Freight fright

September 30, 2021

While the focus of inflation is typically centered on rising raw material costs and wage increases, we are seeing transportation costs become an additional and significant part of the inflation problem, and one that is not as easily passed on to consumers.

Transportation affects every aspect of a company’s supply chain and the rising costs are unavoidable. Further, it has been a recent topic of conversation for our own holdings, as well as some of the largest companies in the world. At a recent conference, Molson Coors, the fifth largest brewer in the world, said transportation costs are the main contributing factor to inflation, while Proctor and Gamble warned that an announced price increase will not be enough to offset higher commodity and transportation costs due to not only the size, but the speed of the increases. Multinational conglomerate 3M is a good barometer, as it is seeing “a lot of pressure on logistics costs.” Dollar Tree is one of the largest retail importers in the United States (US) and at their recent quarterly earnings presentation, they spent a considerable amount of time discussing the global supply chain and higher freight costs, saying they were “not counting on material improvements in 2022, especially in the first portion of the year.”

The recovery from the pandemic has seen a huge increase in demand, but with continued quarantine controls, distancing measures at ports and labour shortages are causing severe backlogs. The Suez Canal blockage and summer typhoons off the Chinese coast did little to ease the problem. Another consideration is the consolidation of ocean shipping lines’ key shipping routes being dominated by a handful of companies, causing fewer vessels in general to be travelling between ports.

The ocean carriers have responded to the high demand by increasing container capacity by 22%, but this does not solve the problem of logjams and the waiting lines reaching record levels at some of the ports.[1] The order book for container ships has doubled in 2021, but the majority won’t be delivered until 2023.

So what does all this mean? Container rates seem to be stabilizing, yet remain extremely elevated. Freightos, a digital booking platform for international shipping, published containerized freight rates. The cost of a container from Asia to the US East Coast is over $20,000, an increase of 415% compared to last year. Shipping from Asia to the US West Coast is slightly less, but the cost is up 452% in comparison to a year ago. Shipping from Asia to North Europe has seen the largest year-over-year increase, up 714% to $13,855. Freight rates from Northern Europe to the US East Coast have been the least affected, up “only” 238% from the period last year to $5,929. In view of these rates, shipping companies are focusing on the most profitable trade routes, meaning reduced volumes crossing the Atlantic. The Baltic Dry Index is a benchmark for the price of shipping major raw materials by sea and is at its highest level since before the Great Financial Crisis.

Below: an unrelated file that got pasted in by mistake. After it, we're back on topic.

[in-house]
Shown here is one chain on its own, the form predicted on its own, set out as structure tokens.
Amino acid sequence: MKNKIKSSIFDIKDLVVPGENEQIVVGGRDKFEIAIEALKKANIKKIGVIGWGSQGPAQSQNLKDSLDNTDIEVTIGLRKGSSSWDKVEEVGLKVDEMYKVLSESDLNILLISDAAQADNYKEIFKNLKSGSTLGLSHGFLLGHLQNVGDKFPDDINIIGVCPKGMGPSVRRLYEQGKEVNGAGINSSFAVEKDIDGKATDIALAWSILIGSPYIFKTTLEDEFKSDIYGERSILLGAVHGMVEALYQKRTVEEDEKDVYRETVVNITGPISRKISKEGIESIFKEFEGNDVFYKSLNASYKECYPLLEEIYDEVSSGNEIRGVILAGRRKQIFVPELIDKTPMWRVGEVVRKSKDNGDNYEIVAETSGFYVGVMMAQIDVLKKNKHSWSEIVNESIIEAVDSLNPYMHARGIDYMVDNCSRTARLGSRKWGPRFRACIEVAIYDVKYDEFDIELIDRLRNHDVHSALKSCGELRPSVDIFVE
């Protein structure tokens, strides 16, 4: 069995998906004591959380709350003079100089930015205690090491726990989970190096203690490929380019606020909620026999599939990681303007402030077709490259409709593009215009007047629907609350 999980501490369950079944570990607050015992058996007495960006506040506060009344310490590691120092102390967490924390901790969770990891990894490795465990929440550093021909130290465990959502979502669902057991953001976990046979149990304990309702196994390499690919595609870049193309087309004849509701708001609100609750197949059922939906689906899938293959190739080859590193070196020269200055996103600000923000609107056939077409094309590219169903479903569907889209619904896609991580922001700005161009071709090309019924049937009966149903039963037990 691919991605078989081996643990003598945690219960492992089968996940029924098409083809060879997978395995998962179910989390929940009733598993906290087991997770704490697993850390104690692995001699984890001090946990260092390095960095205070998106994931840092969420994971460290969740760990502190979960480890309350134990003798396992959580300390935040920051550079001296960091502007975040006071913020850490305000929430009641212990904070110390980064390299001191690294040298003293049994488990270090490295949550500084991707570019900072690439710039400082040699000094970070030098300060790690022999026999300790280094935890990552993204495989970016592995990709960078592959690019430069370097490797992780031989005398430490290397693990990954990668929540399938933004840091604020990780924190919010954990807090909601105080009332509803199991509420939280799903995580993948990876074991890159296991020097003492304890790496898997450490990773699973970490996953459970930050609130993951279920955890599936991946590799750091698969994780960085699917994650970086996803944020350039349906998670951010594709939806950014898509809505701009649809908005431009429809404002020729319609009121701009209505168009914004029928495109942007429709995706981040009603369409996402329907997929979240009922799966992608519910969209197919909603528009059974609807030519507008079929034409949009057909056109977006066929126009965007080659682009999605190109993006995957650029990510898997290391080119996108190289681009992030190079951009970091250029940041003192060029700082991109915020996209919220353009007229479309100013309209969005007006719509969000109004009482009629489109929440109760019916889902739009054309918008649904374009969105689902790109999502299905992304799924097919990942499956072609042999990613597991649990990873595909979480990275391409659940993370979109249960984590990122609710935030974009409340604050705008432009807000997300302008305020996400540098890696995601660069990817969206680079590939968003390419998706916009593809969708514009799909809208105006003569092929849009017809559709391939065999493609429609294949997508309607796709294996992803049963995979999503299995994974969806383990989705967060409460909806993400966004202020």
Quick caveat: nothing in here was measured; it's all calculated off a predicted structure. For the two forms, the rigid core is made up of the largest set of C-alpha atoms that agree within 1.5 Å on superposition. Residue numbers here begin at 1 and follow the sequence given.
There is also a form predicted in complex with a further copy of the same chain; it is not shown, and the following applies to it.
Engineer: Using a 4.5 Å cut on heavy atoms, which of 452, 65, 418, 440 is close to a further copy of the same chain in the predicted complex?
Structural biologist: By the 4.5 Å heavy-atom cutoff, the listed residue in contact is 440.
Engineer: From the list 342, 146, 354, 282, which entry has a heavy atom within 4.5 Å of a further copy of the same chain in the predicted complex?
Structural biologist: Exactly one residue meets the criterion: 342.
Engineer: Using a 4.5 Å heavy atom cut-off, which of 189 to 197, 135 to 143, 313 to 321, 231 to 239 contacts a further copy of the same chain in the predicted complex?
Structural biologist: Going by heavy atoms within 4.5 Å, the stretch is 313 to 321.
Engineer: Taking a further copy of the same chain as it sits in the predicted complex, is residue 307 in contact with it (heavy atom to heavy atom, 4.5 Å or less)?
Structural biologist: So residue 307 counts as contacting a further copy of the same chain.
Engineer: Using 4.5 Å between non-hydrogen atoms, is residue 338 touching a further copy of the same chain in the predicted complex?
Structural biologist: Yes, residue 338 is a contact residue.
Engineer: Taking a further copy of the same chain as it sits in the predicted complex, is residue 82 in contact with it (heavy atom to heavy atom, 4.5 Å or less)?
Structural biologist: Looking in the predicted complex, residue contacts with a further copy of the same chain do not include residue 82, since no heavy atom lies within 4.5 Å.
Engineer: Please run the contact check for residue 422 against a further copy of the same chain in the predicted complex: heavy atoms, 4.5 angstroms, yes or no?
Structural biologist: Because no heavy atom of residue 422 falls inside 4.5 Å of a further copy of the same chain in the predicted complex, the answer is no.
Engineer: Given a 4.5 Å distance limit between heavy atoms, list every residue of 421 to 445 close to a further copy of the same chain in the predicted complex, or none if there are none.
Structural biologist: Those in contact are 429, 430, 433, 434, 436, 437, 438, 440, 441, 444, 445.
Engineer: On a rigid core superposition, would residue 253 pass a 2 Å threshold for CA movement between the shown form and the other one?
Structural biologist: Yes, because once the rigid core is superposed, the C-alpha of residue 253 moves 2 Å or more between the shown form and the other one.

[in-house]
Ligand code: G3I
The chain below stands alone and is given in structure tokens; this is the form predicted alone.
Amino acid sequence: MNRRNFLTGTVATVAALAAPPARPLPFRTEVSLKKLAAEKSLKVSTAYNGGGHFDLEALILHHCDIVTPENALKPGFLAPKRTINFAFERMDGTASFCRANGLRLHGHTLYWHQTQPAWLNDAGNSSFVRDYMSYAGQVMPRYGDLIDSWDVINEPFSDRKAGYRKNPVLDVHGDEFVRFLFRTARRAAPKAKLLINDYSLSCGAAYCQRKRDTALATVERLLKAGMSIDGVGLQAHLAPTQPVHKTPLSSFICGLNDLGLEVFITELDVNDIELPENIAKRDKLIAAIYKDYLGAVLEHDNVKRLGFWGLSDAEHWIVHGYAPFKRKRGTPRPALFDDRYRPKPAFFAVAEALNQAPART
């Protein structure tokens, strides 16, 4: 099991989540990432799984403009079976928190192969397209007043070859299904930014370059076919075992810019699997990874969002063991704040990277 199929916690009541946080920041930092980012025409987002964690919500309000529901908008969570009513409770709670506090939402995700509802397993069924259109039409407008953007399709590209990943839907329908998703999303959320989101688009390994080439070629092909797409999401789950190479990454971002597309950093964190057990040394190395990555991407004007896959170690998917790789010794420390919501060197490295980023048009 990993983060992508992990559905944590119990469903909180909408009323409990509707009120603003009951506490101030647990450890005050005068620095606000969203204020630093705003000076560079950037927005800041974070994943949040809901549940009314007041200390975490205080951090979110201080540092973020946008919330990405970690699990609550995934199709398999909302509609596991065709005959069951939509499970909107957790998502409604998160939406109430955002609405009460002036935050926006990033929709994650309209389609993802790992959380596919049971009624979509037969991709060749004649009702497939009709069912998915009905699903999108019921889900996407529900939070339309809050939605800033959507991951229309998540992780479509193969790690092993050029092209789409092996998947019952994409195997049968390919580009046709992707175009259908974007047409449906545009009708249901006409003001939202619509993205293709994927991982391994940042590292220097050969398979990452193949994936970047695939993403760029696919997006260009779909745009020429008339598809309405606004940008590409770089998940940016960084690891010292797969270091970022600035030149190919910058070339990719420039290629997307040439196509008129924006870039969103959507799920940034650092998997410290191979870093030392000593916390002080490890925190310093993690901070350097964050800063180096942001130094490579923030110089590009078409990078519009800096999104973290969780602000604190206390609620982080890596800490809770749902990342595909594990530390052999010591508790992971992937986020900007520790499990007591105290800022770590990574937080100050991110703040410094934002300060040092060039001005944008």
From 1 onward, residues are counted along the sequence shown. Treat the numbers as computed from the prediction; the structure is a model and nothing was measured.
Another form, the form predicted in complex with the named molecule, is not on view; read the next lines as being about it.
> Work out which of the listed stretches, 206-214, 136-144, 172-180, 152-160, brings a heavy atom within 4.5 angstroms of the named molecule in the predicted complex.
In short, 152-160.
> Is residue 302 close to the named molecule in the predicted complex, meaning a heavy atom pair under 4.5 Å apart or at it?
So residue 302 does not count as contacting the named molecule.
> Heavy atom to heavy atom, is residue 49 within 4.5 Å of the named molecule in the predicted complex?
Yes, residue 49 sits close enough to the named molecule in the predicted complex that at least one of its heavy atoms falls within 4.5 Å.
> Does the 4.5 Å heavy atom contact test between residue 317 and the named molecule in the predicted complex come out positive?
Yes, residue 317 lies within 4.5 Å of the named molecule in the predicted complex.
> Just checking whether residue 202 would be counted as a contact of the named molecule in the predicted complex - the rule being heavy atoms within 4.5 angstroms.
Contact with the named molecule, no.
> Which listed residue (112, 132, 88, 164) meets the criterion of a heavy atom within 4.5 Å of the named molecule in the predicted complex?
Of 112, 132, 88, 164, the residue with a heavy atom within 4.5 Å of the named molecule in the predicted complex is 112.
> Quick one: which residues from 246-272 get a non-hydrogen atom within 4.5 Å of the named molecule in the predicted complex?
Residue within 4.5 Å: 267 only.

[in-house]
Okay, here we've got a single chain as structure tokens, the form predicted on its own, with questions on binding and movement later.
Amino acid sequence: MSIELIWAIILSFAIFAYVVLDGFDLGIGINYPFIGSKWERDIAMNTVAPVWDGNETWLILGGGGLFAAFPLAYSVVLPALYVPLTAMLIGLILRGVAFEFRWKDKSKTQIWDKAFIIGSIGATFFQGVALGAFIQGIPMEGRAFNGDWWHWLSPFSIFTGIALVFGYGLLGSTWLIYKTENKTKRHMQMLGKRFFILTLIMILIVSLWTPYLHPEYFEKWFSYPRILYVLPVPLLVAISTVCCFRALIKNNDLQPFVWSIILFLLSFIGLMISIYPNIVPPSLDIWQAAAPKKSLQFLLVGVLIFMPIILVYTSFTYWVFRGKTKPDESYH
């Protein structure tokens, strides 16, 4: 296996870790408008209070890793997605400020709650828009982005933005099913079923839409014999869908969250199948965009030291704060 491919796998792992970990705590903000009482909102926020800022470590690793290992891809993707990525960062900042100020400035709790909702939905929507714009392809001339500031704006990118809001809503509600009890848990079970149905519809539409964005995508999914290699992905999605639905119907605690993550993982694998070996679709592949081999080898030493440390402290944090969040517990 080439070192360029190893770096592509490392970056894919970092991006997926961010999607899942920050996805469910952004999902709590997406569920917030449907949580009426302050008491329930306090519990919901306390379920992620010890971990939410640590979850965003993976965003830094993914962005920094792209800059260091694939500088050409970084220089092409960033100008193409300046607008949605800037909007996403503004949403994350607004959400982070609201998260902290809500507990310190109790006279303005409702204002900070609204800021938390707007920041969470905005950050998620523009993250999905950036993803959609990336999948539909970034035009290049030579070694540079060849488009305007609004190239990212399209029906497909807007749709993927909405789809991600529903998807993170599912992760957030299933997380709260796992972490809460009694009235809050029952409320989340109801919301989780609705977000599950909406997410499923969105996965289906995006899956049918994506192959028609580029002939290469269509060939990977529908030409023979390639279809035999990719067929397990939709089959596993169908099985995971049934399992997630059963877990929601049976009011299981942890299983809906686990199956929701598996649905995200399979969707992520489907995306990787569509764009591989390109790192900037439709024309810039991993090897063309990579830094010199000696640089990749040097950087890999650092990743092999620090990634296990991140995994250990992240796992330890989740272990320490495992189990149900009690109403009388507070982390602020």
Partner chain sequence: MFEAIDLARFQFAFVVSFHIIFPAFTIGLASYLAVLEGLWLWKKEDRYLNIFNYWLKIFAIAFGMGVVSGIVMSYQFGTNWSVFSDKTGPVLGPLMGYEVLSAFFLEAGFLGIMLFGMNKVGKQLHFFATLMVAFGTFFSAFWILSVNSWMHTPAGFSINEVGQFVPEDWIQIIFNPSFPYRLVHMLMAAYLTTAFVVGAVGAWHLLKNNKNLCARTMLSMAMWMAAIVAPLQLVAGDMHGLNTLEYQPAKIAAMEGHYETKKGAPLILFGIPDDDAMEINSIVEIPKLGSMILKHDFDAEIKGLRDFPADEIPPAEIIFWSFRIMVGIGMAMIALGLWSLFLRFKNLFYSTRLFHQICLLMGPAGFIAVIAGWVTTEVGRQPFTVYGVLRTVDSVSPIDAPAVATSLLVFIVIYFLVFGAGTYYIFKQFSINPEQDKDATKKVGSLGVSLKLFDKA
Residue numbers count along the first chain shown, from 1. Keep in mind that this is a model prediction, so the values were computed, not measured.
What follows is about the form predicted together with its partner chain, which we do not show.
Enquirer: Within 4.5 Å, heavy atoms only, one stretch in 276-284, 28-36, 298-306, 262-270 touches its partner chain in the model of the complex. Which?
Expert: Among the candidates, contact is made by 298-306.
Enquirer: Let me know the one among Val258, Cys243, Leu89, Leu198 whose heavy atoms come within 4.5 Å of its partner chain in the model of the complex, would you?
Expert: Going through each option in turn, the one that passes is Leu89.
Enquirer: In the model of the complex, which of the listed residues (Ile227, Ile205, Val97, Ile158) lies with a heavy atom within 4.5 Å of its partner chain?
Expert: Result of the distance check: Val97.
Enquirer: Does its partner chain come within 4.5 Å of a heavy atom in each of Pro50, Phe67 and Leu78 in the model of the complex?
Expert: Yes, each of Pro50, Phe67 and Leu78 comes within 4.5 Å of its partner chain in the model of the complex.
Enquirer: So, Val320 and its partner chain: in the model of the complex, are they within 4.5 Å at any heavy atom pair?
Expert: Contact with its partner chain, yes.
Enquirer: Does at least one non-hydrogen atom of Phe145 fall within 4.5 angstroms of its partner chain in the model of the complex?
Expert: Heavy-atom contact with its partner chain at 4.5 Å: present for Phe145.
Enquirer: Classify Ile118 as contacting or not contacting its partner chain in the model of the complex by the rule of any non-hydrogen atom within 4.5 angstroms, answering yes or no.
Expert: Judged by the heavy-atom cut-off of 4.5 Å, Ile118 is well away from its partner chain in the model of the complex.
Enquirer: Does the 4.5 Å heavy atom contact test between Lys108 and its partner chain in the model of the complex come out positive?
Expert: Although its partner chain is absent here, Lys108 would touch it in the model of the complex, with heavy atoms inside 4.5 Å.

Source: Bloomberg

The majority of companies are struggling to solve this logistical headache, but our portfolios contain two names that have been natural beneficiaries.

Clipper Logistics (CLG.LN) is a leading provider of value-added logistics solutions, e-fulfilment, and returns management services to the retail sector, primarily in the United Kingdom (UK), but with an expanding presence in Europe. Sales are comprised of the following: 60% of sales come from e-fulfilment and returns management, supporting the online activities of customers; 28% of sales come from non e-fulfilment businesses, supporting traditional brick and mortar customers; and the remaining 12% of sales comes from commercial vehicles sales. Of the logistics related revenues, 85% comes from the UK. Over 90% of Clipper’s contracts are on an open book basis (i.e. cost plus), or hybrid contract, protecting them from increasing costs. However, they are not immune to labour shortages, as they recently flagged the impact that a shortage of HGV drivers is having.

Kerry Logistics (636.HK) is a third-party logistics service provider based in Hong Kong with global exposure. The company provides many supply chain solutions, including integrated logistics, international freight forwarding (air, ocean, road, rail, and multimodal), industrial project logistics, cross-border e-commerce, last-mile fulfilment, and infrastructure investment. Revenue mainly comes from Asia-Pacific, which accounts for 74% of sales (Mainland China 32%, Hong Kong 13%, Taiwan 7%, and other Asia 21%). The Americas accounts for 16% and Europe about 10%. Their customers are mainly big multinational companies, across many industries, including fashion, electronics, food and beverages, FMCG, industrial, automotive, and pharmaceutical.

Perhaps the best advice we could give readers is that with supply chain and transportation issues showing little signs of abating, you would be wise to start your holiday shopping sooner, rather than later.


Global Alpha Capital Management Ltd.
September 30th, 2021